It couldn’t have been anything else. When I listed the Yakuza series on last year’s wishlist, I was honestly being flippant. I never would’ve guessed that Sega would’ve brought one of its big console exclusives to PC but here we are: Yakuza Zero’s already on Steam and Yakuza Kiwami has already been announced. On top of that, they also announced Valkyria Chronicles 4 would be coming to PC and reaffirmed recent releases, claiming that they were bringing “the best Japanese titles to PC”. Hopefully, we’ll see even more announcements next year.

10 Broken/Delisted Games I Want on GOG

This is that new list I mentioned near the start of the article. While I’ll often extoll the virtues of a digital-only future for the PC platform, it’s not a perfect concept. We’ve seen various games removed from storefronts like Steam and GOG due to expired licenses, company closures and various other issues. Worse yet, there are games that are still available that are ridden with defunct DRM programs or worse, incompatible with modern operating systems. Of course, GOG will attempt to circumvent the technical issues of these games, with their re-release of Fallout 3 last year being a chief example. So why not pick 10 digital releases that are either gone or stagnant and point out that, in the end, they’re just some Good Old Games?

Street Fighter IV – Capcom

I’ll be honest with you: SF4 was the game that inspired this list in the first place. Back when I was researching for that Street Fighter retrospective I spent the better part of this year on, I popped in the original home release of Street Fighter IV and had a pretty good time going back to it. These days, it’s more of a curiosity piece – especially due to its exclusive cinematics that didn’t appear in any other iteration of SF4 and its gallery mode – but certainly not worth the $20 Capcom is still asking for it on Steam. Just give it the Blazblue Calamity Trigger treatment: strip out the GfWL-powered online mode entirely and sell that sucker on Steam and GOG for $10, with 50% or higher sales on the regular.

Spider-Man: Shattered Dimensions – Activision

I’ll level with you: I’ve yet to play the recent Spider-Man game on PS4 and I’ve got my doubts that I’ll play it before the decade’s through. With that in mind, I feel confident in my assertion that Shattered Dimensions was the best Spider-Man game ever sold on Steam. It’s a shame that the PC port was only compatible with Windows XP and Vista – especially considering that it was on sale on Steam only a few years back. It’s been taken down again – that’s the problem with licensing agreements – but I’d love to see it come back, stripped of Games for Windows Live and able to run properly on modern Windows builds.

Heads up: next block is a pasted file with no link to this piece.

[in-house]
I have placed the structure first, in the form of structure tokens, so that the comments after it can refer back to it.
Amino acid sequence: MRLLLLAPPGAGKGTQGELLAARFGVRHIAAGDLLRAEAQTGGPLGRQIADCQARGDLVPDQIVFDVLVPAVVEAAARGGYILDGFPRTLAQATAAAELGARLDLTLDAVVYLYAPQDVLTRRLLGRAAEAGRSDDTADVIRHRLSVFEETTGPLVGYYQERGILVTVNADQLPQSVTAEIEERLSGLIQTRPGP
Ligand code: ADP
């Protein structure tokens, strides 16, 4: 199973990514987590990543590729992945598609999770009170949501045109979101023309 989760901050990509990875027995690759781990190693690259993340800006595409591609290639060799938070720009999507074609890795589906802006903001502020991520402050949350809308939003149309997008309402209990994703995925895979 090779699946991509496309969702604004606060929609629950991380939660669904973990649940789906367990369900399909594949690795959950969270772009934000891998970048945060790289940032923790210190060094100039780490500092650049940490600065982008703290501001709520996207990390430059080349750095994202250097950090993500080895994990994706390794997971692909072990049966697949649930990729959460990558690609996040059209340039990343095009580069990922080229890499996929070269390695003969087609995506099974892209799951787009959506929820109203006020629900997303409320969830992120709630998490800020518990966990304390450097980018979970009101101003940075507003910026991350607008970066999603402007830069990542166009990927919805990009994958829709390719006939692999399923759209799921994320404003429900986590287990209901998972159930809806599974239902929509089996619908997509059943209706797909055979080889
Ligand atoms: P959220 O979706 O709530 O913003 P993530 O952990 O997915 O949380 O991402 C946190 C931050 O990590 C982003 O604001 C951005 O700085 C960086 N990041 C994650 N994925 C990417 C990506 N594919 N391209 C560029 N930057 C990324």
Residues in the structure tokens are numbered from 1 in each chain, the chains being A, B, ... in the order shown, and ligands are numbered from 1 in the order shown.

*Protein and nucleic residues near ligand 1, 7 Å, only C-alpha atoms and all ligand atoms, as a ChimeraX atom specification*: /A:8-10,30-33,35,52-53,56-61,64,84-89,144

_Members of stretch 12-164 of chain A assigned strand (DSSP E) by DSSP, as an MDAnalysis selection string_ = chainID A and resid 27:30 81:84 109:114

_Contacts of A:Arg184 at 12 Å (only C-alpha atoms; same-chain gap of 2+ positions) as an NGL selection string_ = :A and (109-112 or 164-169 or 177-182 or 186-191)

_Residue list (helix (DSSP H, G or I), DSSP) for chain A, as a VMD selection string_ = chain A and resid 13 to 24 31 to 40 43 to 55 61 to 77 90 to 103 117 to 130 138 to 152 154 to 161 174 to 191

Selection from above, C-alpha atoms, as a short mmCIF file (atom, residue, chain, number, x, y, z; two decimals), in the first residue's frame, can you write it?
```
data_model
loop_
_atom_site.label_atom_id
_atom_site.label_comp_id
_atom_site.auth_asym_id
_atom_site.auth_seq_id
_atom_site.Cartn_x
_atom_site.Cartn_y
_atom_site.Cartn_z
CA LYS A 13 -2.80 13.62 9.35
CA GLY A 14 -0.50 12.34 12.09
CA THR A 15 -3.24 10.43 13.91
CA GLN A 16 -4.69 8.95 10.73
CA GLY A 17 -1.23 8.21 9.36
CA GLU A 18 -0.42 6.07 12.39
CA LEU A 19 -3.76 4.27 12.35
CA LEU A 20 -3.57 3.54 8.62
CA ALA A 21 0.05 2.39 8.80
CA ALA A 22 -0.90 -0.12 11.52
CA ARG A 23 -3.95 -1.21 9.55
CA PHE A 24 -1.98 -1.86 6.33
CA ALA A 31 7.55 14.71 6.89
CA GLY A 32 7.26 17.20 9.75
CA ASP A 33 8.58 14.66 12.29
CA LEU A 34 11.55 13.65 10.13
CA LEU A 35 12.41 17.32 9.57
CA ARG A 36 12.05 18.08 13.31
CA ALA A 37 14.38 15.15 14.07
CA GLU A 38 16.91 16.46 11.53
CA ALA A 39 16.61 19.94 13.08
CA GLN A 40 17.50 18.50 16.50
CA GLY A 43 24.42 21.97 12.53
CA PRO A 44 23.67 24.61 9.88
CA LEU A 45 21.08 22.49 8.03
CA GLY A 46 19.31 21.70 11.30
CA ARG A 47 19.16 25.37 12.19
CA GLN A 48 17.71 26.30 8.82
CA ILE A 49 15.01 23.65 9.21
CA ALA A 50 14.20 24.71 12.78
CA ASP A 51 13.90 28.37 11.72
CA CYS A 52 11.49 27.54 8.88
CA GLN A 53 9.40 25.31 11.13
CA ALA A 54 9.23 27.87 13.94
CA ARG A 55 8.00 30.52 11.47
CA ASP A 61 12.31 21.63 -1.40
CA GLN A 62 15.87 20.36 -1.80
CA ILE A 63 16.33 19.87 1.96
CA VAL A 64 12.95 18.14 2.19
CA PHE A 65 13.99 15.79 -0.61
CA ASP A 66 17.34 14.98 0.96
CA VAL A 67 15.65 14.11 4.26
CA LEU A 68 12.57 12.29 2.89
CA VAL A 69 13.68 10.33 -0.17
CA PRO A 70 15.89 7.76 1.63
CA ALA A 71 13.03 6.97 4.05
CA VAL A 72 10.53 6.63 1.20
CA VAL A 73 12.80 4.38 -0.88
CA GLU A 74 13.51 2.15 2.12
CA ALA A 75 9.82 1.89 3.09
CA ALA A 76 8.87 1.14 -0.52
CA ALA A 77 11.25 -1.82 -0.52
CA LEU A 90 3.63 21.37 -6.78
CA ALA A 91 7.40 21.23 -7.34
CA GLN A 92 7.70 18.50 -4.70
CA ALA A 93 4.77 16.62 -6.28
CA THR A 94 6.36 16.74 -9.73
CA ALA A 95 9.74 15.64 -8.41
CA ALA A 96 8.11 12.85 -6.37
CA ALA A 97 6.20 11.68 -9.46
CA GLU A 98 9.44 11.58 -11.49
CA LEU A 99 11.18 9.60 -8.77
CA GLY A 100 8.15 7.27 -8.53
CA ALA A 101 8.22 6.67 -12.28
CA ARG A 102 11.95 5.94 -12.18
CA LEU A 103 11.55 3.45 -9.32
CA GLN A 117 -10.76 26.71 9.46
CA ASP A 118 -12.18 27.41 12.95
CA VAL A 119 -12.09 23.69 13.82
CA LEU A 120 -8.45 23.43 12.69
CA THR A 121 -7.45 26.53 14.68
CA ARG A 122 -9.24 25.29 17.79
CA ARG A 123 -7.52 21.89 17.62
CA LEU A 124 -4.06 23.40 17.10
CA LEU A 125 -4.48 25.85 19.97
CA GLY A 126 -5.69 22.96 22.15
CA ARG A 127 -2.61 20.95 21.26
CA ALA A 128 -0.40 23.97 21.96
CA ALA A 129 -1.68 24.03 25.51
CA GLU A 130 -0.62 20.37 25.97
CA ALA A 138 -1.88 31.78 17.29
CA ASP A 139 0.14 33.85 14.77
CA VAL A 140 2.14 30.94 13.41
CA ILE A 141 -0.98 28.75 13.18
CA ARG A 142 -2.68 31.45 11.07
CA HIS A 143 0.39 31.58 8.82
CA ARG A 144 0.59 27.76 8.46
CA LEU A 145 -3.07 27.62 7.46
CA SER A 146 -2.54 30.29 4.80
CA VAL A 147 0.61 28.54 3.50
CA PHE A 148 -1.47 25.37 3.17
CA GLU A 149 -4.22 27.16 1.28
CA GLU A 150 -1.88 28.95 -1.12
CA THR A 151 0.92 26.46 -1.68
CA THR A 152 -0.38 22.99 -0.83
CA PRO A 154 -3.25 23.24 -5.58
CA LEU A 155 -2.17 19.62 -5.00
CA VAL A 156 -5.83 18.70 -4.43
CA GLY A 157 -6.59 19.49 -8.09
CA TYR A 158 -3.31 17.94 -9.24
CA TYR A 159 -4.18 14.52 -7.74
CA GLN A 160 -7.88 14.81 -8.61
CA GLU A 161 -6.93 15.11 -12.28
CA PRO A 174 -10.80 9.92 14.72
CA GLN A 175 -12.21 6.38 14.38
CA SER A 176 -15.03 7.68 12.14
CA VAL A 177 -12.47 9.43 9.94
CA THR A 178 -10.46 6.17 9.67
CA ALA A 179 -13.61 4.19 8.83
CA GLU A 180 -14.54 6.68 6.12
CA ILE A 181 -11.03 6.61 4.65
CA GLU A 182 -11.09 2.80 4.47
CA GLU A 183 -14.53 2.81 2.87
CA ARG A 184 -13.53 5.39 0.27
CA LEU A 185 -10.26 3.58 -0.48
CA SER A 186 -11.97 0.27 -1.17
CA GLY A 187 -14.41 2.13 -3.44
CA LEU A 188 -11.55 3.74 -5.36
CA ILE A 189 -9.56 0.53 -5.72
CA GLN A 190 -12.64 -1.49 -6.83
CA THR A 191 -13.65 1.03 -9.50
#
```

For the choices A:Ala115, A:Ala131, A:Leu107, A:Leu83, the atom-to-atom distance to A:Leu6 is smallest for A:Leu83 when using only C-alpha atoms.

OutRun 2006: Coast 2 Coast – Sega

Well, this one’s strictly a licensing issue: Sega clearly didn’t want to pony up to renegotiate their license with Ferrari. I’m still bummed out that I missed picking up this port – the OutRun games are some of my favorite racing driving games of all time – so obviously a straight-up re-release is all I really want here. Granted, the game might have some compatibility issues since it was released back in the days of Windows XP, but as far as I can tell (based on the PC Gaming Wiki), there don’t appear to be any compatibility issues on modern systems, which means that anyone smart enough to pick it up before its removal can still play it to this day.

Stubbs the Zombie in Rebel Without a Pulse – Aspyr

This is one of those games from the sixth generation that I missed out on, but it looked interesting. I mean, zombie games are a dime a dozen, but a game where you take control of a zombie would be an original concept today, let alone today. It’s also got a sense of humor, which is also a plus for me. It was also apparently on Steam at one point – but it looks like it was taken down because it can’t run on modern hardware. So yeah, this is absolutely perfect for this list: maybe a GOG release will mean a complete removal of its SecuROM DRM.

Wolfenstein (2009) — id Software (Bethesda)

Apparently, the only reason this game has been taken down is because Bethesda – the current rightsholder for Wolfenstein and id Software’s other IPs – is ashamed of it. All I’ve got to say to that is that both versions of Doom 3 are still up for sale on Steam and the BFG Edition is up on GOG – so using “quality concerns” as an excuse is invalid. Frankly, I’d just want it as a curiosity piece more than out of sheer enjoyment. I mean, every other Wolfenstein game since 3D is available on digital storefronts in one form or another and I’ll never believe that the 2009 game was so much worse than every other game in the series.

Ghostbusters: The Video Game – Atari

I mean, I already own this game on Steam, so I can vouch for its quality. Granted, I think it was taken down in the first place to help boost sales of the 2016 game, which was apparently a slapdash cash-in on a box office bomb. And now that’s even down as well. Might as well allow audiences to enjoy the best Ghostbusters-related video game ever released in North America once again. There’s not even any way to implement the multiplayer from the console versions and I even played through the game on an OS no older than Windows 8.1, so it should be as simple as literally flipping a switch.